Kenya to investigate alleged UK army crimes

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Kenya to investigate alleged UK army crimes ,Kenyan authorities have launched an investigation into the operations of the British Army Training Unit Kenya (BATUK), one of the UK’s largest military training centers abroad, which has a long-standing negative reputation in the East African country.

The move by the National Assembly Defense, Intelligence and Foreign Relations Committee follows complaints by residents, including over the murder of a woman, Agnes Wanjiru, in Nanyuki in 2012, and a fire that razed the Lolldaiga Hills Ranch in 2021, both of which have been blamed on British soldiers.

Anthony Theuri Wambui, deputy speaker of the Laikipia County Assembly, told RT that he supports the government’s decision.

When Agnes Wanjiru was killed by the British army, even after the media visited this area and the case was filed, family members are still seeking justice,” he said.

Wanjiru, 21, was fatally stabbed and dumped in a septic tank at a hotel in Nanyuki in March 2012, allegedly by UK forces, after she had spent a night partying with soldiers. Her mutilated body was found nearly three months later.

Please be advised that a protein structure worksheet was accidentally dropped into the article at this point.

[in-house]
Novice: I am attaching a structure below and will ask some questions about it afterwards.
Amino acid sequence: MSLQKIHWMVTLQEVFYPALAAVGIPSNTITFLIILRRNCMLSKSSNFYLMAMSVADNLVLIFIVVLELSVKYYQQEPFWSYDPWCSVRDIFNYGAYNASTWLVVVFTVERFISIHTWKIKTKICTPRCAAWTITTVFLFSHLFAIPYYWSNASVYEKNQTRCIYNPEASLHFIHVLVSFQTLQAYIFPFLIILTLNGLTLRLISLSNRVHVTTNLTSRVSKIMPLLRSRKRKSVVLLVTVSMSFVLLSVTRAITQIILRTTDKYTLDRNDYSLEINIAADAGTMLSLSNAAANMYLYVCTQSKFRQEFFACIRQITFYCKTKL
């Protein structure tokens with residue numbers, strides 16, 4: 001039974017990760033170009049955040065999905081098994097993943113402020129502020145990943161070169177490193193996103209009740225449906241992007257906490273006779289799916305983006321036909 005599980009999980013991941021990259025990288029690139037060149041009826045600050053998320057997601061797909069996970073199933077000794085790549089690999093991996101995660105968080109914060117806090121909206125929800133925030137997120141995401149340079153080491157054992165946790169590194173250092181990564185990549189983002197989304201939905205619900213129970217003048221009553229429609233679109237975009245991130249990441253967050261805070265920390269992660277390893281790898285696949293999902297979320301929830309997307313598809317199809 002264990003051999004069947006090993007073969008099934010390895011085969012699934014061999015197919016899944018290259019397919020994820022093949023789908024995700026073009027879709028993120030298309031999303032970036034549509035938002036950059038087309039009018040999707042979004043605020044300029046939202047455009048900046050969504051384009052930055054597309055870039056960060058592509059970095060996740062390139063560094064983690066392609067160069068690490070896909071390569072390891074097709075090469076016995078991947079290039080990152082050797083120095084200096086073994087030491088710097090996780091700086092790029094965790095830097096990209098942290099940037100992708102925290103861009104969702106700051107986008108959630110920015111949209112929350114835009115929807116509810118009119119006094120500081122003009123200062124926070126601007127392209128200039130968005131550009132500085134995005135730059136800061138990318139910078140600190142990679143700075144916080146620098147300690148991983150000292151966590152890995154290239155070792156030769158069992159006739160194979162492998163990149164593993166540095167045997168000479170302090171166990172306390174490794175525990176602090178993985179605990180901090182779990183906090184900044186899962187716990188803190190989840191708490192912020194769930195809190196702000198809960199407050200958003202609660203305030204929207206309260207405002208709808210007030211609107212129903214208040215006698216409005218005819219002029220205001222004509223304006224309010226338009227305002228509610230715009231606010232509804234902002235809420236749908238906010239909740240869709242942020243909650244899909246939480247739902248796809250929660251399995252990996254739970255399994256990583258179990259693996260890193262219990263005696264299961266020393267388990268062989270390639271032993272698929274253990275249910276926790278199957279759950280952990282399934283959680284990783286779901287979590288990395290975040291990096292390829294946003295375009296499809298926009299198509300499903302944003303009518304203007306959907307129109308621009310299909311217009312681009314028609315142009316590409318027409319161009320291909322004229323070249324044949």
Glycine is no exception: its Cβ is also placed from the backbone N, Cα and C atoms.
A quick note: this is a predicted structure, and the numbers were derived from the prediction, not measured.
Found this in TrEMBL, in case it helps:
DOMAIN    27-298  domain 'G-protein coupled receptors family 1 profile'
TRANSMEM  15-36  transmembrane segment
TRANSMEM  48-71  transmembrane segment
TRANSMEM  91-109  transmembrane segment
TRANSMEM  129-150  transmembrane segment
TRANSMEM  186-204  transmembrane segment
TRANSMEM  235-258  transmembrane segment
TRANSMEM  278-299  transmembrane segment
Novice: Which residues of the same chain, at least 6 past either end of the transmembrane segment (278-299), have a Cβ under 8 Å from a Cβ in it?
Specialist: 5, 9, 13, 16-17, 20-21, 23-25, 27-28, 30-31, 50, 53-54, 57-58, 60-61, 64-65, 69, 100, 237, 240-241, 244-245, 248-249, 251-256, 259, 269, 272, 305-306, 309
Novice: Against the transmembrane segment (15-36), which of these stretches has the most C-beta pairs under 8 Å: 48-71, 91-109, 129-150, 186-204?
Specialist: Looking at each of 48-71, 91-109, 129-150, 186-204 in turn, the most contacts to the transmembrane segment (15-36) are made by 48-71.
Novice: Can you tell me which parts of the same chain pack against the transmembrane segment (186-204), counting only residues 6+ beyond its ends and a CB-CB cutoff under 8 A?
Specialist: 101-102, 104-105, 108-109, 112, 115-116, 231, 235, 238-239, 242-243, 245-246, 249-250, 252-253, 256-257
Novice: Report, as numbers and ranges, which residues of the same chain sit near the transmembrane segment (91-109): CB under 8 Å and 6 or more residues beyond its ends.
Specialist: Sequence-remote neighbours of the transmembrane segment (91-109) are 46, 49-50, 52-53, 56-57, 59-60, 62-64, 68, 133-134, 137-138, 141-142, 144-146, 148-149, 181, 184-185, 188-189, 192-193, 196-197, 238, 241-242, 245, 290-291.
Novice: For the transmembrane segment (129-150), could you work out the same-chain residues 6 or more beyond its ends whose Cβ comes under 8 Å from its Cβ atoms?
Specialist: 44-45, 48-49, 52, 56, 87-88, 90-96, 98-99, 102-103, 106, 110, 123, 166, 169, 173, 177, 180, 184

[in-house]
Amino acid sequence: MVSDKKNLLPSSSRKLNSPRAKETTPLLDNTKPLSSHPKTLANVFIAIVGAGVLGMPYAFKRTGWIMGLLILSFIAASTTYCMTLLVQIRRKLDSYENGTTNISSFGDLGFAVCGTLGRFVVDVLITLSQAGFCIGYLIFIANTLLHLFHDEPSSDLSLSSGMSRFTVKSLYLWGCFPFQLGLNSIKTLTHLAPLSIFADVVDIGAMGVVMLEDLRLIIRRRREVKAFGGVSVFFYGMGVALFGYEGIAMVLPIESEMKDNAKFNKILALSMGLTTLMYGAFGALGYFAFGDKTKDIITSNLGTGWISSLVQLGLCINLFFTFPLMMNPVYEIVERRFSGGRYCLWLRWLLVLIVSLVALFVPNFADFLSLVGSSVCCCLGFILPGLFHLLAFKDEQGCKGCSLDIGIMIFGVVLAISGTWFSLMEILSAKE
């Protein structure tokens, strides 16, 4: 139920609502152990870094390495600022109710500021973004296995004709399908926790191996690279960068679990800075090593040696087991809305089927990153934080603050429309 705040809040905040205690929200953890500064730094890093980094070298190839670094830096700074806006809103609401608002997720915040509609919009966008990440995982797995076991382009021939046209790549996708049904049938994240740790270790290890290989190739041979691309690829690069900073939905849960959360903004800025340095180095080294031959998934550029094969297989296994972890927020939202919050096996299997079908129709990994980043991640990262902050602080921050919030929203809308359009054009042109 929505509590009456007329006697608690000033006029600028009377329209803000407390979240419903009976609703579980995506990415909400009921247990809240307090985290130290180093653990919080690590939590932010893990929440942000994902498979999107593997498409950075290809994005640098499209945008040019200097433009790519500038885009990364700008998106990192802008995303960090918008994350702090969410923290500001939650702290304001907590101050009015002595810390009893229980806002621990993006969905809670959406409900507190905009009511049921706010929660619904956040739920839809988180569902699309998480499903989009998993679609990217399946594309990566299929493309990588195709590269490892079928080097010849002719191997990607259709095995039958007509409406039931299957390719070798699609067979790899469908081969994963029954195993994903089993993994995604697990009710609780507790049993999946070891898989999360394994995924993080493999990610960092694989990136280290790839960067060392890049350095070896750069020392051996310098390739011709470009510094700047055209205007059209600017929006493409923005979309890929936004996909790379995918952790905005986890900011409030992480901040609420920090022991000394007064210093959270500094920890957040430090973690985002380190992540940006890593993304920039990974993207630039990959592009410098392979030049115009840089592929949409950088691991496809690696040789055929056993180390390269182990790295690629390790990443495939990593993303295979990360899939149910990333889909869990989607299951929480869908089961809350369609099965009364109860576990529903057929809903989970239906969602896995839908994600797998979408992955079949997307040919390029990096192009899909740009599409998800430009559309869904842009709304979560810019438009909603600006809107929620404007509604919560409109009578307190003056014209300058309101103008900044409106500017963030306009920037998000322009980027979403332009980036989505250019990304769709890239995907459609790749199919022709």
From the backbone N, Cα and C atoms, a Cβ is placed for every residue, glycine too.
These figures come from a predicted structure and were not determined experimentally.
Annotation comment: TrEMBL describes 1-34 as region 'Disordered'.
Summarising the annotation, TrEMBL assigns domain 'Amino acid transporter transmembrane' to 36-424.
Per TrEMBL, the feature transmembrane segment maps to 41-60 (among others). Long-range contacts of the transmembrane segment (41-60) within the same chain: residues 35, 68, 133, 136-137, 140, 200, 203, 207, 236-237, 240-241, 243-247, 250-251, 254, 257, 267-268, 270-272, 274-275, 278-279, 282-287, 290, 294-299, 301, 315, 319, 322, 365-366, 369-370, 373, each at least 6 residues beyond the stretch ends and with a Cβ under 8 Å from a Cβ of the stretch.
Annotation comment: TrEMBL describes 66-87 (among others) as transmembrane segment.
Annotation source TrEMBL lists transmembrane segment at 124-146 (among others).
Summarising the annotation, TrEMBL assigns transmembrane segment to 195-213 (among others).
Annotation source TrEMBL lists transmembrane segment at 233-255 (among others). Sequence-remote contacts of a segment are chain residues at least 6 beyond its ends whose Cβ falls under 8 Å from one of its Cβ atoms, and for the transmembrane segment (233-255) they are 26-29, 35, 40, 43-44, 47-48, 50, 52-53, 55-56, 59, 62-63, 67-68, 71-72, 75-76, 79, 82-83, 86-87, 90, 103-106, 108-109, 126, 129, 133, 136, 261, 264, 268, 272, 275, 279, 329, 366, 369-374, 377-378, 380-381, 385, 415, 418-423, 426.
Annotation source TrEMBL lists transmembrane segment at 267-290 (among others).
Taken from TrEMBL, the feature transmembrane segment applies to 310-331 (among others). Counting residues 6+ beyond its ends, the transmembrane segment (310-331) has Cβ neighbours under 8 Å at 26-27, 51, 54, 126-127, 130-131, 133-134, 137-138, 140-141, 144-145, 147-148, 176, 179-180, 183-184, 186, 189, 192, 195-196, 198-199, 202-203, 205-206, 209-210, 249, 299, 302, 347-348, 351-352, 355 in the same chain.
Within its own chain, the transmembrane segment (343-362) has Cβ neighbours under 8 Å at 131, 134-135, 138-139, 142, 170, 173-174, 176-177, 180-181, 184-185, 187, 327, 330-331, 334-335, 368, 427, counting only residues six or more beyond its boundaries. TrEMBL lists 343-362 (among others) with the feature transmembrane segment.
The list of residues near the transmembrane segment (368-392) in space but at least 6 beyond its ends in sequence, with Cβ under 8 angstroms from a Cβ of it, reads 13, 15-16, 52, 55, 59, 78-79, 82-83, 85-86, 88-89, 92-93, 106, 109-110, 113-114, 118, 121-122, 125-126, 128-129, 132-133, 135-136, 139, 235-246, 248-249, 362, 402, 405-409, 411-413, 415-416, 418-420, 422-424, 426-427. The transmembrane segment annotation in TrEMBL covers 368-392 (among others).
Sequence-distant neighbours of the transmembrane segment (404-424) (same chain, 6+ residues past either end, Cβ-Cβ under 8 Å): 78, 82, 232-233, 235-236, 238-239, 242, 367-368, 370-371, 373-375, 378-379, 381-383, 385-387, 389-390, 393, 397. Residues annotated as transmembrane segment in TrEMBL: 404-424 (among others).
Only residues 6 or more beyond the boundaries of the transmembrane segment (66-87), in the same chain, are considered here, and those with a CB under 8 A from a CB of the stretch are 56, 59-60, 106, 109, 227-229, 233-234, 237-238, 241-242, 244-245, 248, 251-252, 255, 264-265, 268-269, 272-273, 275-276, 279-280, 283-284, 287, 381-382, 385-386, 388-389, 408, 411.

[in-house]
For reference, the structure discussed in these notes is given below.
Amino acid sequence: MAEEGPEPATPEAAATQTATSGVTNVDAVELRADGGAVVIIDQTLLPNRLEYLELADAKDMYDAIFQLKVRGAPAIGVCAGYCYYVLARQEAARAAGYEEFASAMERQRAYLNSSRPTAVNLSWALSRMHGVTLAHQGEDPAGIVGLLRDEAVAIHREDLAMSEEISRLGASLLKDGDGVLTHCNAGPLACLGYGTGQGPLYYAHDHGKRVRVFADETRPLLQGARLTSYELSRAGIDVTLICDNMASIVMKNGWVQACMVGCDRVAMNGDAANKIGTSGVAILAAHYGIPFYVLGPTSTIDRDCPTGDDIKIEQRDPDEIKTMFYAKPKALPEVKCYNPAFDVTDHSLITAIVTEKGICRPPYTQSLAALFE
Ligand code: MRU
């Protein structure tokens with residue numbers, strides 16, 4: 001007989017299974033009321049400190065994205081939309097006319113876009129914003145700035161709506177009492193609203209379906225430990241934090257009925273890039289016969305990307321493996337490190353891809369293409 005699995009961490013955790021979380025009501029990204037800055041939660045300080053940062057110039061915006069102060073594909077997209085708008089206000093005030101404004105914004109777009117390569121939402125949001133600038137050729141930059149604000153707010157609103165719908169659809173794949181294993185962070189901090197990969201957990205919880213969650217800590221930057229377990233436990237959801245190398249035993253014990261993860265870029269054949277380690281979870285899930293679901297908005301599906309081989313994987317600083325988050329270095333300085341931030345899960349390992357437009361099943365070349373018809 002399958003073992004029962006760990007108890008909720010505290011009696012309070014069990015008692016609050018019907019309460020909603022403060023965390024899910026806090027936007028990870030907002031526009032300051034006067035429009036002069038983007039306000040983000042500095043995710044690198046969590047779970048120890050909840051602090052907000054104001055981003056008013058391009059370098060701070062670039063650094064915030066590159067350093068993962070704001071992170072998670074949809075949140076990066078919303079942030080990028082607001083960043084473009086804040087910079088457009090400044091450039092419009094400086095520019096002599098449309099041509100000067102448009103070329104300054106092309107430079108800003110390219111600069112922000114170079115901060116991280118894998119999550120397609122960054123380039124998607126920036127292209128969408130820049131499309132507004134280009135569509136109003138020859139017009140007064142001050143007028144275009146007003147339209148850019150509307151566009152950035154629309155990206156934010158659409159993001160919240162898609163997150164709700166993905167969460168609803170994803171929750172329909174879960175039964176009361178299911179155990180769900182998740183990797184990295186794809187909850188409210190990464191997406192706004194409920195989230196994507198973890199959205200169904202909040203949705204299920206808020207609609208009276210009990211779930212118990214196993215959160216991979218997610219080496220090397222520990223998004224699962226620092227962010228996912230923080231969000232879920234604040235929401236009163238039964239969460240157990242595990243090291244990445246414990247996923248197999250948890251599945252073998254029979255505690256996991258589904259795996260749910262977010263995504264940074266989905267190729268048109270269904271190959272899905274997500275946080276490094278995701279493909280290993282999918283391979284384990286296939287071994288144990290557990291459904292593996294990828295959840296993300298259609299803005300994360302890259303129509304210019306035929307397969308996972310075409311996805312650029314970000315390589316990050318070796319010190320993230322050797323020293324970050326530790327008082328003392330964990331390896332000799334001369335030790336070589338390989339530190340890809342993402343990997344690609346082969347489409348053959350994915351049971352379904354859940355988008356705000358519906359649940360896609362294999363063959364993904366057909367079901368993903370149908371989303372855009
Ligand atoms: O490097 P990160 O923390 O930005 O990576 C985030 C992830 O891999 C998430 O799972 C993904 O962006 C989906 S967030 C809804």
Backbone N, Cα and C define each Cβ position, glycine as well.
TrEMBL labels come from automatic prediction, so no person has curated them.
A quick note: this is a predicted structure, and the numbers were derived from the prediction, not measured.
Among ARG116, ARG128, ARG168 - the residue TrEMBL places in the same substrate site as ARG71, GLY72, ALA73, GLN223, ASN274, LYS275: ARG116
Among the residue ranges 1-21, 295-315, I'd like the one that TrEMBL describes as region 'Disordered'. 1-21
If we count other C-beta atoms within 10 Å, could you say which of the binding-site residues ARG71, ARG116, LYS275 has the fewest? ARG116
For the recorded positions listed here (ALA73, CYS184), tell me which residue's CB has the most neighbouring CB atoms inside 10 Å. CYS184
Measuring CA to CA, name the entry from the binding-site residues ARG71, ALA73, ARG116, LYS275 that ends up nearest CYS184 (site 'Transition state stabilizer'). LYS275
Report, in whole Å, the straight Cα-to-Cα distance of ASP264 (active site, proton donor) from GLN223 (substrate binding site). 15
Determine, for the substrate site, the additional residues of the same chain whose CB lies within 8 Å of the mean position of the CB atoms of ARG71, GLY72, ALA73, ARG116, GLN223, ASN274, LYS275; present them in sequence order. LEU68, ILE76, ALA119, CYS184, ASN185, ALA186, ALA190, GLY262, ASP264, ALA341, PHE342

Kairu Kamunge, spokesperson for Wanjiru’s family, insisted that justice has still not been served, adding that “if it was a British person who got killed, a lot more would have been done.”

The UK government does not treat Kenyans as equals in any way. Actually, it has been mistreating us,” he argued.

Kamunge further alleged that the British military continues to use dangerous chemicals during training exercises.

According to local media, Kenyan environmentalists and pastoralist communities have claimed that white phosphorus has been used during military drills, posing a danger to humans, livestock, and wildlife. BATUK has denied the allegations, claiming that the chemical is only used in controlled environments during training.

Local residents Said that the British army “only brought challenges” to Kenyans. “We know exactly how harmful the chemicals they have been using are. It has affected our children and livestock too. This is not fair at all,” one resident said.

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